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Built with Drupal 8: A Front-Ender's Tale of Danger and Suspense

Laura Croft Tomb Raider
A few weeks ago I decided to rebuild this blog from scratch.  It had been literally years since I'd posted, so I figured I'd include just a few of the last entries.  Also, Drupal 8 was in beta and I'm impatient.  Why not build a brand new site in 8.0.0-beta9?, I thought.   How hard could it be?
 
So, okay.  It was a little bit hard.  But surprisingly, the experience wasn’t as hairy as you might expect.  Here’s a summary of my adventurous, experimental walk on the wild beta side. 

Installing Drupal 8

Before I go further, I should mention that I installed Drupal 8 on a previously set up local environment.  (If you don’t know what that means, you can find out more here.   For fellow Mac users, I’d recommend these instructions.)
 
Honestly, installation was a breeze.  The whole process took less than 5 minutes and was similar enough to Drupal 7 that I felt on solid ground.  I just downloaded and untarred core, added a new database in Mamp, went to the site in my browser and followed the instructions.  Easy peasy.
 
Playing with core was equally as uneventful and fun.  I added a new user, enabled and disabled core modules, added a new content type and a taxonomy vocabulary, tweaked permissions, etc.  All without a hitch.  The admin interface looks and acts almost the same as D7's. For someone who builds a lot of sites for non-technical admins, this is a big relief.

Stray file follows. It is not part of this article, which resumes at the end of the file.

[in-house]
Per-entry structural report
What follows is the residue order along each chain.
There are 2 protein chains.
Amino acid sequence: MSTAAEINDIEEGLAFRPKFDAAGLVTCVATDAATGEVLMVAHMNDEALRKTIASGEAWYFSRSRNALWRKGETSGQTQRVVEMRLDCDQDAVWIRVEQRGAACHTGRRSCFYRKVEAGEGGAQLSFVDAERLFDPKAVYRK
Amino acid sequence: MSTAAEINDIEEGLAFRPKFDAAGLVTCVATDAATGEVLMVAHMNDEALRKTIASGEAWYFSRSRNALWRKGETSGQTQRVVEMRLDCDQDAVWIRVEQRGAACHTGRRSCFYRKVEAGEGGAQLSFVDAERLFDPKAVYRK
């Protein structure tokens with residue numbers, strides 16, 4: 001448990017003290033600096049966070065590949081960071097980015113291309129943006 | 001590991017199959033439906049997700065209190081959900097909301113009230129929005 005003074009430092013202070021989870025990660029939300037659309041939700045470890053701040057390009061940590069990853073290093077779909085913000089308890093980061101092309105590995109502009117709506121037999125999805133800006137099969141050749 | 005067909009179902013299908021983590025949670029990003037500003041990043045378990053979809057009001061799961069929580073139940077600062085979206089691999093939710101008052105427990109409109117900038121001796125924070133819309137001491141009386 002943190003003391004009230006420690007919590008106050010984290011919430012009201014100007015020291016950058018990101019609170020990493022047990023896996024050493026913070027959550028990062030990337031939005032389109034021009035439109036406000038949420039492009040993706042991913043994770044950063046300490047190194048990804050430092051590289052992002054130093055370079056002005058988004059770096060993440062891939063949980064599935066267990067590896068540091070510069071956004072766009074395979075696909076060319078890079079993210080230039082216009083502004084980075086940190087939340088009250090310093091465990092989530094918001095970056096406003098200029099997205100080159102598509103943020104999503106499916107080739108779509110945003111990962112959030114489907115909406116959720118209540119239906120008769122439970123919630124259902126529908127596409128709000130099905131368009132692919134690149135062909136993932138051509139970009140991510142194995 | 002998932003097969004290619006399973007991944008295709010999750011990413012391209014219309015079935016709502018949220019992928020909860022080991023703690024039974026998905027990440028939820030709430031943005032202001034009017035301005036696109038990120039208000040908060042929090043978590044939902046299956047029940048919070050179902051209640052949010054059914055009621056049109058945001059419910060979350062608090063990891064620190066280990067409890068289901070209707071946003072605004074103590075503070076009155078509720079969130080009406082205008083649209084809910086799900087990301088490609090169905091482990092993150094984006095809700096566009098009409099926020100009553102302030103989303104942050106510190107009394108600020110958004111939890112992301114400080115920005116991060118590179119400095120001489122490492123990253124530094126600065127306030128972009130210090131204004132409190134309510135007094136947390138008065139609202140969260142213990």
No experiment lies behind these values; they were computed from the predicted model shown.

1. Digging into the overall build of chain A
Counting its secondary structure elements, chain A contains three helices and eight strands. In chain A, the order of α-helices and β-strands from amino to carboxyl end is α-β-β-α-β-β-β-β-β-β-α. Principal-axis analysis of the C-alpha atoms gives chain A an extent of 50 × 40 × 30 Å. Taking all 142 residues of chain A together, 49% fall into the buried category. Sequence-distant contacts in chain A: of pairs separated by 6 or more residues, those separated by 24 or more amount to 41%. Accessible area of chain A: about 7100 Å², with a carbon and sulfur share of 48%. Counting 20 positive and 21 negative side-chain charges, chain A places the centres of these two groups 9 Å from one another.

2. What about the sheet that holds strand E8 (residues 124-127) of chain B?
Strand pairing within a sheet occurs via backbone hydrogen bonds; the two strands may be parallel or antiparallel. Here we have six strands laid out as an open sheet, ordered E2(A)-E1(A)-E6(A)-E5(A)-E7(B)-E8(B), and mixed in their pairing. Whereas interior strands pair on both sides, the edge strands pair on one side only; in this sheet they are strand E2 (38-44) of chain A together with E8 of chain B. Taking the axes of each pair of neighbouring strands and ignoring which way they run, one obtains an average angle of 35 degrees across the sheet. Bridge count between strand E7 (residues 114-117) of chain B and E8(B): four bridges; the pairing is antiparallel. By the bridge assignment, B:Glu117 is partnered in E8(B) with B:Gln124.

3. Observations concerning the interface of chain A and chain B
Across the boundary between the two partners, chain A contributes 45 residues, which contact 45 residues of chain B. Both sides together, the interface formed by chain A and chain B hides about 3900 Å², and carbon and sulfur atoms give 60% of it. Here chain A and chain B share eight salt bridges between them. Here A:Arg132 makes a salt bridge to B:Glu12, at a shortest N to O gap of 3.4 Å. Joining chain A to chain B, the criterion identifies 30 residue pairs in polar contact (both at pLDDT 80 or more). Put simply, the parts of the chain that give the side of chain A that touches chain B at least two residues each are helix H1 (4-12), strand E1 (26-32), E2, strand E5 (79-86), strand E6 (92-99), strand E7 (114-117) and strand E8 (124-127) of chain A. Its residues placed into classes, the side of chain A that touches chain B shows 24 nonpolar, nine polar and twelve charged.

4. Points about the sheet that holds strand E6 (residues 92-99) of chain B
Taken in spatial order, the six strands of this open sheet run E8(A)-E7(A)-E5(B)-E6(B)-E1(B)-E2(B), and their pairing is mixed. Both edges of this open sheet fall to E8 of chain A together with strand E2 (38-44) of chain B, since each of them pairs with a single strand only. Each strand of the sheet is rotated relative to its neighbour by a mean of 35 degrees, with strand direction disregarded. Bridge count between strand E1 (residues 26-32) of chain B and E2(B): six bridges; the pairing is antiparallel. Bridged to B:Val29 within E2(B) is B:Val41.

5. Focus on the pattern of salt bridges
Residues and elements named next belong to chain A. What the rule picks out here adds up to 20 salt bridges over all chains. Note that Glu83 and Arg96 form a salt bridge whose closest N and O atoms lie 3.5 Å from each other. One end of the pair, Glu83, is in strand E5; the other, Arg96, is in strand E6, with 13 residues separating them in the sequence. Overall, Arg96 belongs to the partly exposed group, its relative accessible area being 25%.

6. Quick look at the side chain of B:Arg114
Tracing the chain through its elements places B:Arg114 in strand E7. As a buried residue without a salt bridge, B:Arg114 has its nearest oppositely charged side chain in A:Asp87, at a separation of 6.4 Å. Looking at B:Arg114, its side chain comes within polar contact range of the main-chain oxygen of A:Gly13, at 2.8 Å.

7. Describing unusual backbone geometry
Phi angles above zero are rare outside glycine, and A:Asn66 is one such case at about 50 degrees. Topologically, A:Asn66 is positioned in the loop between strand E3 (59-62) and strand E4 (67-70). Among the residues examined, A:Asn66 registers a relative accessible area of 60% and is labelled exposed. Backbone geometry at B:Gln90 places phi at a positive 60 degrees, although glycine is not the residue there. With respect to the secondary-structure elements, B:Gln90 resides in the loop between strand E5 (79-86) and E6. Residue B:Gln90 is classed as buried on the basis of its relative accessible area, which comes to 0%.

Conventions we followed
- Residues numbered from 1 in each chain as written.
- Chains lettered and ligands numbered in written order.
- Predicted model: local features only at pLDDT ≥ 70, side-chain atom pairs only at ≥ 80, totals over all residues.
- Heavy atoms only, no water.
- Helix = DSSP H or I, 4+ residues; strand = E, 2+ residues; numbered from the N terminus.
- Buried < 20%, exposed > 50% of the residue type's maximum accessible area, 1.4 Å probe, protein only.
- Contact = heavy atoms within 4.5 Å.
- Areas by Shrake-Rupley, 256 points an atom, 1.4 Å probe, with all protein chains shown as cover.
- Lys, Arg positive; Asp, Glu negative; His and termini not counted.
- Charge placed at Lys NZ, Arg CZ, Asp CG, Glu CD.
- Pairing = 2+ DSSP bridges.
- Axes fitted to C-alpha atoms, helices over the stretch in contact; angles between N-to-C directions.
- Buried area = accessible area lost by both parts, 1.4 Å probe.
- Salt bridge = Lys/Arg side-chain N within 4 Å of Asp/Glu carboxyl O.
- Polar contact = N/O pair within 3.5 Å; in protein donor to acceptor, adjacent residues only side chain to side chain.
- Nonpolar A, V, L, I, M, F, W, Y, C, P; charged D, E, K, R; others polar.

I decided this was easy.  Drupal 8 was a lot more stable than I’d expected.  I was feeling confident, so I decided to try creating a custom theme.
 

Custom Theming: Take One

Considering D8’s not even released yet, the documentation on drupal.org on Theming Drupal 8 is pretty extensive.  In fact it’s so extensive, it’s a bit overwhelming at first. 
 
If you're familiar with D7 theming and just wanted to get up and running quickly, you might prefer 27 Questions (and Answers) from My First Drupal 8 Site Build by Matt Korostoff.  His article was extremely helpful, although I was glad to be have the d.o documentation to refer to when I got stuck or wanted to delve into something more deeply.
 

Adding JS, CSS and Font Files and Libraries

I decided to keep a hand on the tow line and created a Classy subtheme, following Matt’s instructions for setting up the x.info.yml and and x.libraries.yml files.
 
 
You can see the .info.yml file looks a lot like the .info in Drupal 7.  The main difference is the way CSS and JS are added.  Instead of adding them directly to the .info.yml file, you include a reference to a .libaries.yml file, and that is where you add your scripts, stylesheets and dependencies. That was probably the biggest gotcha for me--figuring out how to include JS scripts, libraries and dependencies and font libraries.  There was conflicting information on the webs, but this is what worked for me:
 
 

Because I had a number of CSS and JS files, I followed the advice (from d.o. maybe?) to break them into two groups—global-styling and global-scripts,. These will now be available to every page.

My scripts.js is actually just a teeny few lines to handle the navigation bar, but surprisingly, Drupal 8 doesn’t load JQuery on every page automatically like D7 did. You have to add it as a dependency, as well as any other js you want to run on every page.

One thing I never figured out was how to add my custom fonts. I use Google's PT Serif and Inconsolata in this theme, and the only way I could get the fonts to load was by adding an @import to my main CSS file: